Case study: Fitting a penalized one-dimensional spline as random effect in coxme

Published: 2021-08-27

A colleague recently asked me how to fit a spline with a point constraint in a Cox proportional hazards (PH) model. After realizing that his response was interval censored I found that couldn't be used, as the right censoring is specified as a 0-weight in the syntax (event as 1). I quickly looked into other ways to estimate a penalized spline from the mgcv framework, and since a penalized spline can be rewritten as a random effect I needed to find another package that could estimate mixed Cox PH models, with a Surv object describing the response (which allows for interval censoring). One package fulfilling those criteria is coxme, which also support a ridge regression shrinkage for variables, which we will see is especially well suited for estimating penalized splines in a random effect setting.

First, we load some package:


We will work with the time until death futime (or last contact in case of censoring) in the mgus2 dataset in survival, and use creat as a non-linear predictor.

survival::mgus2 %>% drop_na(creat) -> work_dataset

We construct a smooth object, which we will convert into a random effect, such that the spline $f(x)$ can be written as $\mathbf{f}=\mathbf{X}^{\prime} \boldsymbol{\beta}^{\prime}+\mathbf{Z} \mathbf{b}$, where $\mathbf{b} \sim N\left(\mathbf{0}, \mathbf{I} \sigma_{b}^{2}\right)$. This means that we will have one part of the spline that is regarded as a "fixed effect" in the model, and one part as a set of "random effects" which also shares their variance and are uncorrelated. This happens to be the same thing as a ridge regression, and in coxme the latter can be done via the shrinkage syntax, (variables|1) which impose a ridge shrinkage structure on the variables, which is equivalent to $\mathbf{b} \sim N\left(\mathbf{0}, \mathbf{I} \sigma_{b}^{2}\right)$.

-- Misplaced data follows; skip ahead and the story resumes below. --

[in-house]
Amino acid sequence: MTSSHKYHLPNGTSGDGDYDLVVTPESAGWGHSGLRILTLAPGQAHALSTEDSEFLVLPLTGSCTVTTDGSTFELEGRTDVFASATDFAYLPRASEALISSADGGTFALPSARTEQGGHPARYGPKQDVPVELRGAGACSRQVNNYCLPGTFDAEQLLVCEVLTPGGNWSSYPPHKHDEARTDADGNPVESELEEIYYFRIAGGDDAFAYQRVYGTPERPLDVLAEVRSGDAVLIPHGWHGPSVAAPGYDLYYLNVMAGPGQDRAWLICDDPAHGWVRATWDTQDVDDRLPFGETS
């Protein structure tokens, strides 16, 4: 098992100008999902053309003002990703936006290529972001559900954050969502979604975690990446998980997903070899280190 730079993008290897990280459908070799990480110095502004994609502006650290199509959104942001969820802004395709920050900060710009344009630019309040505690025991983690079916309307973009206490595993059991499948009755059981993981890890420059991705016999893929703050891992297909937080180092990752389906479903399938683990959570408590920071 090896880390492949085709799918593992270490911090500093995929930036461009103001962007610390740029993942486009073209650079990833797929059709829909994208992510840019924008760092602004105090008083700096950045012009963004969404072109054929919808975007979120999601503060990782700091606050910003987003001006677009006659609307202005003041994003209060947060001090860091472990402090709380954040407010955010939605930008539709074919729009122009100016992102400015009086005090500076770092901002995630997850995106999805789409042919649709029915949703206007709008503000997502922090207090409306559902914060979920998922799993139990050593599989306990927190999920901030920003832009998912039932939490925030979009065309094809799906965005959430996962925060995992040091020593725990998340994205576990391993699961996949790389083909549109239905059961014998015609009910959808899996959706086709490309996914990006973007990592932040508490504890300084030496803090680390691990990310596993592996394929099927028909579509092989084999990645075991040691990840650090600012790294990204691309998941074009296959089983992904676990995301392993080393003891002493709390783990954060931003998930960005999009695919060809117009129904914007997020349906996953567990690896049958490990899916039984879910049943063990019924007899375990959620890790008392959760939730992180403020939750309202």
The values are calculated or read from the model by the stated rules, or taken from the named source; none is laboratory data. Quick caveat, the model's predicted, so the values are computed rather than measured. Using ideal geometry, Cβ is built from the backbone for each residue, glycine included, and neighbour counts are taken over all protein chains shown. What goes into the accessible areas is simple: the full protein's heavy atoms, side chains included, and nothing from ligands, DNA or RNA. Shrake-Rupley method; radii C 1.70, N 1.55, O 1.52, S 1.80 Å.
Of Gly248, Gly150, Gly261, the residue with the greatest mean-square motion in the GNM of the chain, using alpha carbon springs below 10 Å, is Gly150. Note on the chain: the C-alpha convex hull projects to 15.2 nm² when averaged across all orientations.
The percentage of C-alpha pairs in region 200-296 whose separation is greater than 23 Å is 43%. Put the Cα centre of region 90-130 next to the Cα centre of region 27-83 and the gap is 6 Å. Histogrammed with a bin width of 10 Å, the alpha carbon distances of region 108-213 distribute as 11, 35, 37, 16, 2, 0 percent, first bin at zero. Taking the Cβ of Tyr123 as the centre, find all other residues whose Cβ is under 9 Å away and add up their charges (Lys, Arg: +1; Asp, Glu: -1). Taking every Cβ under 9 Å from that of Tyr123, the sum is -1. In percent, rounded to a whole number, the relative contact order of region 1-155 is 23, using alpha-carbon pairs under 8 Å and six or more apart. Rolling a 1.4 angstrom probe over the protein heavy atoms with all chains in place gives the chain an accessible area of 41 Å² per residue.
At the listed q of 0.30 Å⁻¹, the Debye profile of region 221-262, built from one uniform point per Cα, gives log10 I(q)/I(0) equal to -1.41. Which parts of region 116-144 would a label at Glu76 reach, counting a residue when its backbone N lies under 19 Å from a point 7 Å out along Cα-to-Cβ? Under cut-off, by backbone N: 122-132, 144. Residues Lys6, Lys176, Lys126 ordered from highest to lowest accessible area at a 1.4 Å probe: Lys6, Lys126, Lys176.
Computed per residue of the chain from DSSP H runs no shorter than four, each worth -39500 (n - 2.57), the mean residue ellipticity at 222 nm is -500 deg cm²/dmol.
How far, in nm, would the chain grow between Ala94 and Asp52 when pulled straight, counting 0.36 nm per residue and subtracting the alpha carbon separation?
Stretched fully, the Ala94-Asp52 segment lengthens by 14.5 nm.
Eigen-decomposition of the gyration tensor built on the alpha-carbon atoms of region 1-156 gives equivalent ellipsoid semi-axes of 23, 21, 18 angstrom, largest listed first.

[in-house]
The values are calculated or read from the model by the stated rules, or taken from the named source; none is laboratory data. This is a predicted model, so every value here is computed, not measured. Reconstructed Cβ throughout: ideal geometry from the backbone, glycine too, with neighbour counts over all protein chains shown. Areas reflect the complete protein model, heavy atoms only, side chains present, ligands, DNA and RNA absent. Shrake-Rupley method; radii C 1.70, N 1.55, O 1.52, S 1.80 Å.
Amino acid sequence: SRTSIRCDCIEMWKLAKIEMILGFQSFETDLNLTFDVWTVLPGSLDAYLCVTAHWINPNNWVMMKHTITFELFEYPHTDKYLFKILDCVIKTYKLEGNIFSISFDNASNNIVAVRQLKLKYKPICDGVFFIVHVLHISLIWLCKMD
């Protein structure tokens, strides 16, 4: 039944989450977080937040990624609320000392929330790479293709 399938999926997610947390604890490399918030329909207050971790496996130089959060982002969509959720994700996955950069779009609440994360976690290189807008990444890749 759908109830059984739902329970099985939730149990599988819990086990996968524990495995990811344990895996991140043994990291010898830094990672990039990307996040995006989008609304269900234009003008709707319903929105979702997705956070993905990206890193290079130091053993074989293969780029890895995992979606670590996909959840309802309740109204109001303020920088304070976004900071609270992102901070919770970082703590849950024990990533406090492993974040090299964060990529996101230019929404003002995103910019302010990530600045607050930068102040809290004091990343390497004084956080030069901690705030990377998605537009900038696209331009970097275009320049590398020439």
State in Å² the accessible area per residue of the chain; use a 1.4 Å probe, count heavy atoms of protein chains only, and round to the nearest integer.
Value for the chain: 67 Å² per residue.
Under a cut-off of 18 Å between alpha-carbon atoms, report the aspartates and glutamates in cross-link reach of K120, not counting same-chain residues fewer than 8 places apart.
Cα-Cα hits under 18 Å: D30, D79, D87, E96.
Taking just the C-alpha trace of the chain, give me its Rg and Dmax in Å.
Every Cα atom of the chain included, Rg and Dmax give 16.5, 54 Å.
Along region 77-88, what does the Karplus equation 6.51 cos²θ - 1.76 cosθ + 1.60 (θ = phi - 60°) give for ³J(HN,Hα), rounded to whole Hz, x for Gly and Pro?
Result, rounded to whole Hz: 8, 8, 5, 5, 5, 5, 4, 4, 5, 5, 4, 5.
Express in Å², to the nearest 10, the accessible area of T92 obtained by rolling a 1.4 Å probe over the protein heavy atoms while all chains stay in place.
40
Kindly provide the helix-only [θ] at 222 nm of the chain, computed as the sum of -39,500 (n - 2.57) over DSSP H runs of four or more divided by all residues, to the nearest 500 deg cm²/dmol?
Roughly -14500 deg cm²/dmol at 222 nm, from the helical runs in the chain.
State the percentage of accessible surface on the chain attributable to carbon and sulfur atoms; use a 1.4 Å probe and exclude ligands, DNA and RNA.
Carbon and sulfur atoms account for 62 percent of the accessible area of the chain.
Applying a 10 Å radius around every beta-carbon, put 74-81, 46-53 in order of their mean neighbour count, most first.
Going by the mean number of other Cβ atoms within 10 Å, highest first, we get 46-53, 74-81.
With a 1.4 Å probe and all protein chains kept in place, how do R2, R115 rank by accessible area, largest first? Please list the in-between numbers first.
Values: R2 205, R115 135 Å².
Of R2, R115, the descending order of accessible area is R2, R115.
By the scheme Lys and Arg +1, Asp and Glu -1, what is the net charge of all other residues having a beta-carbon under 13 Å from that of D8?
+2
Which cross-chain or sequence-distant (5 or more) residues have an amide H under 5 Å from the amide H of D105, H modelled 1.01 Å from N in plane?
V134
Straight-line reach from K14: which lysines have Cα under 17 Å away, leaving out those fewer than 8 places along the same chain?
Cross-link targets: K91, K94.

This is called the natural parameterization of a spline, and in this case (I think it is due to the identity matrix as a penalty), it is the same as the original parameterization. The only difference is that in this natural parameterization, the $b$s are in a different order, which will be reordered to the original order in the last row in the following code block. The "fixed effect" part is called the null space, and the "random effect" part is called the penalized space.

sm <- smoothCon(
  s(creat, k = 30, pc = 12.5),
  # dimension of basis: 30, point constraint 12.5
  data = work_dataset,
  absorb.cons = TRUE,
  # identifiability constraints absorbed into the basis
  diagonal.penalty = TRUE
  # the spline is reparameterized to turn the penalty into an identity matrix

smooth2random(sm, "", type = 2) -> re

re$Xf -> null_space

re$rand$Xr %*% re$trans.U[-ncol(re$trans.U), -ncol(re$trans.U)] ->
  penalized_space # Reorder the matrix of the random effect part

After that we will first fit the model with mgcv, and then with coxme, and afterwards compare the estimates. The spline will be a 30 dimensional basis rank-reduced think plate spline, with a point constraint at $12.5$, i.e. the spline will evaluate to zero in that point. This is useful so that we have a fixed reference point for the hazard ratio. We also prepare a plot of the estimated spline from mgcv.

gam(data = work_dataset,